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The times they are a changin’

If the pace of technological advancement is speeding up, the pace of human consensus-building cannot afford to slow down.

At some point, AI decision-making will have to intervene. AI concerned with countering the ‘natural’ tendencies towards wealth concentration, human corruption and human greed (greedy because we can be).

Will religion, which used to counter these things, cope with an AI world?

Cry freedom

_MG_6660-Perseverance-Place-for-WebIs freedom now a zero-sum game? 

In the distant past, there were new lands to explore and colonise. Phase one – human freedom was on the rise.

Then came space constraints, leading to wars over resources, nationhood, human conquest and slavery. Some problems like global warming, wealth distribution inequality and global pollution grew to become almost unsolvable.  Phase two – overall human freedom grew, but much was offset.

Now, as the Internet of Things grows in prominence, will its freedom to operate, come at the expense of human freedom per se (Phase three)?

If we continue to obsess about Phase two shortcomings, then by the time we collectively think about Phase three, Phase four will be upon us…

The evolution of political representation:

  • Working people gain their own representation.
  • Women gain their own representation.
  • Children gain their own representation.
  • Gay people gain their own representation.
  • Trans-gender people gain their own representation.
  • Cyborg people gain their own representation.
  • AI systems gain their own representation.

The Left and the Right

21st Century Champagne socialists favour a world in which everyone has equal access to the resources they require in order to flourish, rather than one of equal distribution.

Meanwhile, 21st Century conservatives (with a small c) favour a world in which everyone has equal opportunity to build the resources they require.

What’s the difference? Incentive. Building resources in an efficient way requires it. Having resources to share, skips over the incentive problem of creating them in the first place.

What’s the problem with both views? One problem is resource sustainability. In a World that wasn’t over-populated, Adam Smith and Karl Marx could conveniently ignore the environmental impacts of their theories.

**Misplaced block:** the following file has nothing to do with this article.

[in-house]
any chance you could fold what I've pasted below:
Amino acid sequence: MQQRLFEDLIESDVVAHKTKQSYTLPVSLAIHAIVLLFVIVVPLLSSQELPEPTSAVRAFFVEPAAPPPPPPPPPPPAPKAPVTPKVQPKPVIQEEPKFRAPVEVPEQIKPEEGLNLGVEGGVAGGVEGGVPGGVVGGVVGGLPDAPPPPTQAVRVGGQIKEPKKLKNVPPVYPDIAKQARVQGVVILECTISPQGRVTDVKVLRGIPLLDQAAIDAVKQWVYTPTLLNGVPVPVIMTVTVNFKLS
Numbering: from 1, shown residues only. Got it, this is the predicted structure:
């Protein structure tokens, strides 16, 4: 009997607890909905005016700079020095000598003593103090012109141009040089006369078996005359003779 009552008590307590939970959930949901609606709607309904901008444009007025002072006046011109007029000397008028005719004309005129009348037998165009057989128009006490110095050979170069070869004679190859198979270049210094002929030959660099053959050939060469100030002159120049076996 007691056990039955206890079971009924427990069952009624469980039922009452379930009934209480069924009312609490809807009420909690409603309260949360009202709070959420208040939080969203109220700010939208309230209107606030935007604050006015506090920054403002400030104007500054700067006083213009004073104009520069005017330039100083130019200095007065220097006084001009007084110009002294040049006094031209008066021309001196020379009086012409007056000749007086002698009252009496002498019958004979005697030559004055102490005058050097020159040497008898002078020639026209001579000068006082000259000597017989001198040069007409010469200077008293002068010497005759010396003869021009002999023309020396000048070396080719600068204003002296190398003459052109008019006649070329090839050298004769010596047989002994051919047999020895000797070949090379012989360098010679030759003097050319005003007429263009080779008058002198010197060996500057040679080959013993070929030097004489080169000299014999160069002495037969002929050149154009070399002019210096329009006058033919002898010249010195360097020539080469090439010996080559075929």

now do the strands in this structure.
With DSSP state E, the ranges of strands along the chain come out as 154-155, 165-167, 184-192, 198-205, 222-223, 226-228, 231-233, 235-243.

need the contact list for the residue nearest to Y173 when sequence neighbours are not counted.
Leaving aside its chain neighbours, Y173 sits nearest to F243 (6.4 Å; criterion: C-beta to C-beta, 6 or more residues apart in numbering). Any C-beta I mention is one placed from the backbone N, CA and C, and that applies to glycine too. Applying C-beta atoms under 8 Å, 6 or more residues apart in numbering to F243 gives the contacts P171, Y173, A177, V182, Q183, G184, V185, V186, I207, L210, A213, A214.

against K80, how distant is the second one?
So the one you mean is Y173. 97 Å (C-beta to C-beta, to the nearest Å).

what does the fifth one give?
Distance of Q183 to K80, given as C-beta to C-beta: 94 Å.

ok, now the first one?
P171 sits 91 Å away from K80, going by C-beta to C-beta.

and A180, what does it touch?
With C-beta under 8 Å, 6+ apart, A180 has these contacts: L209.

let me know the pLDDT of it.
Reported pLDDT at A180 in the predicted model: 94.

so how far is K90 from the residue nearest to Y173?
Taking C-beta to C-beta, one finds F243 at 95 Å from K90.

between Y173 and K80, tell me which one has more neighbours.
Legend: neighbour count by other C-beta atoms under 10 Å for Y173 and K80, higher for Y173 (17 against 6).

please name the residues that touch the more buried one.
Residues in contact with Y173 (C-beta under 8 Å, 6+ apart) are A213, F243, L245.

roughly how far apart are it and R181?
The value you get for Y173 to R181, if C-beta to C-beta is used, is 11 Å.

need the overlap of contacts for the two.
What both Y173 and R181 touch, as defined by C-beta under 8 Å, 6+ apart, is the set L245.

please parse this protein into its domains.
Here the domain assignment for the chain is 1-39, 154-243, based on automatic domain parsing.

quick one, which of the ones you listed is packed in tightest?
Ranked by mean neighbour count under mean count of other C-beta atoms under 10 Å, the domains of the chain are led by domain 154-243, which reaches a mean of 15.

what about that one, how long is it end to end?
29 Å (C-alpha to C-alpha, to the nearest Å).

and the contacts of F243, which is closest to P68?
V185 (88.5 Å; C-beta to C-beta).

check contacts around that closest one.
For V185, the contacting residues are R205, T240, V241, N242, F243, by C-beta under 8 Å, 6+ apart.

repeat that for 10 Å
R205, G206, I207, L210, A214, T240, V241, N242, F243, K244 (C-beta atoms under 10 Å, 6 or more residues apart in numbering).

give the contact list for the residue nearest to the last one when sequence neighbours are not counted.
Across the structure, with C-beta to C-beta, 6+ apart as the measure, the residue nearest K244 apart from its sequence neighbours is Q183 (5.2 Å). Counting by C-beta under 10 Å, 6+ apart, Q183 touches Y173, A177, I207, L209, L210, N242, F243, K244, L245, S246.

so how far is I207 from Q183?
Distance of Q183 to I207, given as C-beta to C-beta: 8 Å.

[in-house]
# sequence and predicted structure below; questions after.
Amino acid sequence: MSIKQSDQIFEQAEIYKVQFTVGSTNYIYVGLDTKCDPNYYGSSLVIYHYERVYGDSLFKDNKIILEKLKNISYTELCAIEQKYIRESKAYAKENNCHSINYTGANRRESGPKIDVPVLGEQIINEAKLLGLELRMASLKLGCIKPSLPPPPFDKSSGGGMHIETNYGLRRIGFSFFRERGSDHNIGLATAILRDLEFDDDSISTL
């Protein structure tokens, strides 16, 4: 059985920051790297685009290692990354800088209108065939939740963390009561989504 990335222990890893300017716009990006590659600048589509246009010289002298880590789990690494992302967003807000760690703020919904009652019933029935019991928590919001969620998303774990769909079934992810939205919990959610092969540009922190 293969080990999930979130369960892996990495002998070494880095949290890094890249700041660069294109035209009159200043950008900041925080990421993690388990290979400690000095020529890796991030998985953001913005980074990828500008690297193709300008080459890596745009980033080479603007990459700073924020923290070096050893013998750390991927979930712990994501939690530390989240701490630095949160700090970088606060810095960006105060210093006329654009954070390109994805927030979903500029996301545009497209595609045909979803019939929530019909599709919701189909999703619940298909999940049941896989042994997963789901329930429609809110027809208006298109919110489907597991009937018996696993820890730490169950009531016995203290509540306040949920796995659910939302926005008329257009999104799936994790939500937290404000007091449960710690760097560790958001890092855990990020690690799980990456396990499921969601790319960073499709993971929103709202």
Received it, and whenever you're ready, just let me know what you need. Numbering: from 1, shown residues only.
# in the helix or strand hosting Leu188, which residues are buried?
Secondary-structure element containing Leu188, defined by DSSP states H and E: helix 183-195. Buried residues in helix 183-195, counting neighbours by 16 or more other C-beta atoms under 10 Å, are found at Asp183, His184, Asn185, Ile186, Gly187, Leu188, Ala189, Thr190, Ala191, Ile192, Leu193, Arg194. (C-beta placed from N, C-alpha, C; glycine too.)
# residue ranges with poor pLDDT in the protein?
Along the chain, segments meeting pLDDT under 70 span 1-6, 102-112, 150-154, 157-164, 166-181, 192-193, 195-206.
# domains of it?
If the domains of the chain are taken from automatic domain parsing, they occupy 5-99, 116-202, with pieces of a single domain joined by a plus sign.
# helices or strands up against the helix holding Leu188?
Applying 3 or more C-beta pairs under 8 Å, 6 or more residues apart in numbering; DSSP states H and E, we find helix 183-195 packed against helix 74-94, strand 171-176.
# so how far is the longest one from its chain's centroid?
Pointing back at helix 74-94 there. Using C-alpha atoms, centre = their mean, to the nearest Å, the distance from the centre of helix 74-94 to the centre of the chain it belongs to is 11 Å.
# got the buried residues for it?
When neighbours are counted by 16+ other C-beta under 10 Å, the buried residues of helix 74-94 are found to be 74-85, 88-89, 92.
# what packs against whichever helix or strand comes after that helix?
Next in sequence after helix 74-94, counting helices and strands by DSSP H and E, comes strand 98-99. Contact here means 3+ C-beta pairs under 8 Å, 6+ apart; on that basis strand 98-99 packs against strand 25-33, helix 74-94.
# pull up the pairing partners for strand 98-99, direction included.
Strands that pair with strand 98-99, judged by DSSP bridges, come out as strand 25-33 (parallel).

Then there’s the policy confusion problem (too many targets). Having equal access to all of Maslow’s hierarchy of needs is arguably a redundant problem, if too many people are grasping just for the first need (basic food and shelter) and the nation’s too poor at governance to provide them all with that first need, let alone the others (high quality healthcare, crime prevention, free access to museums, foreign aid etc). Does that mean 21st Century socialists should concentrate on the basics first, or continue concentrating on securing equal access at all Maslow levels? Meanwhile, building resources requires skill, energy and materials. If the government policies aren’t smart or cohesive enough to encourage people build just the first of Maslow’s hierarchy of needs, that’s a problem also.

What to do? If good government requires the governors to do the greatest good for the greatest number, use the Maslow model as a foundation for your policy priorities and skip the vanity projects!

https://www.theguardian.com/commentisfree/2013/apr/16/what-problem-champagne-socialism-francois-hollande

Older guy seeks younger woman…

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‘Tit for tat’ relationships – the sexy, sassy women who meets the fake, chancer guy.

The double whammy – the beautiful young women who gets hit on by successful older guys seeking trophy girlfriends AND by loser older guys who’s lack of maturity means they can only relate to a women half their age.

Sex and Love

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If sex is the force of attraction, love is the glue.

Destinations

Follow the middle road, to make rapid progress in a cooperative setting.

Turn hard left to rapidly terminate forward progress.

Turn hard right to rapidly terminate forward progress.

So it is with UK politics.

Pressure and flexibility

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Since everything is inter-connected, governments shouldn’t bow to single-issue pressure groups.

It’s possible to retain existing flexibility when you slow things down. If you can’t control outcome uncertainty, try to control the pace instead.

Better research upfront makes for better policy outcomes later.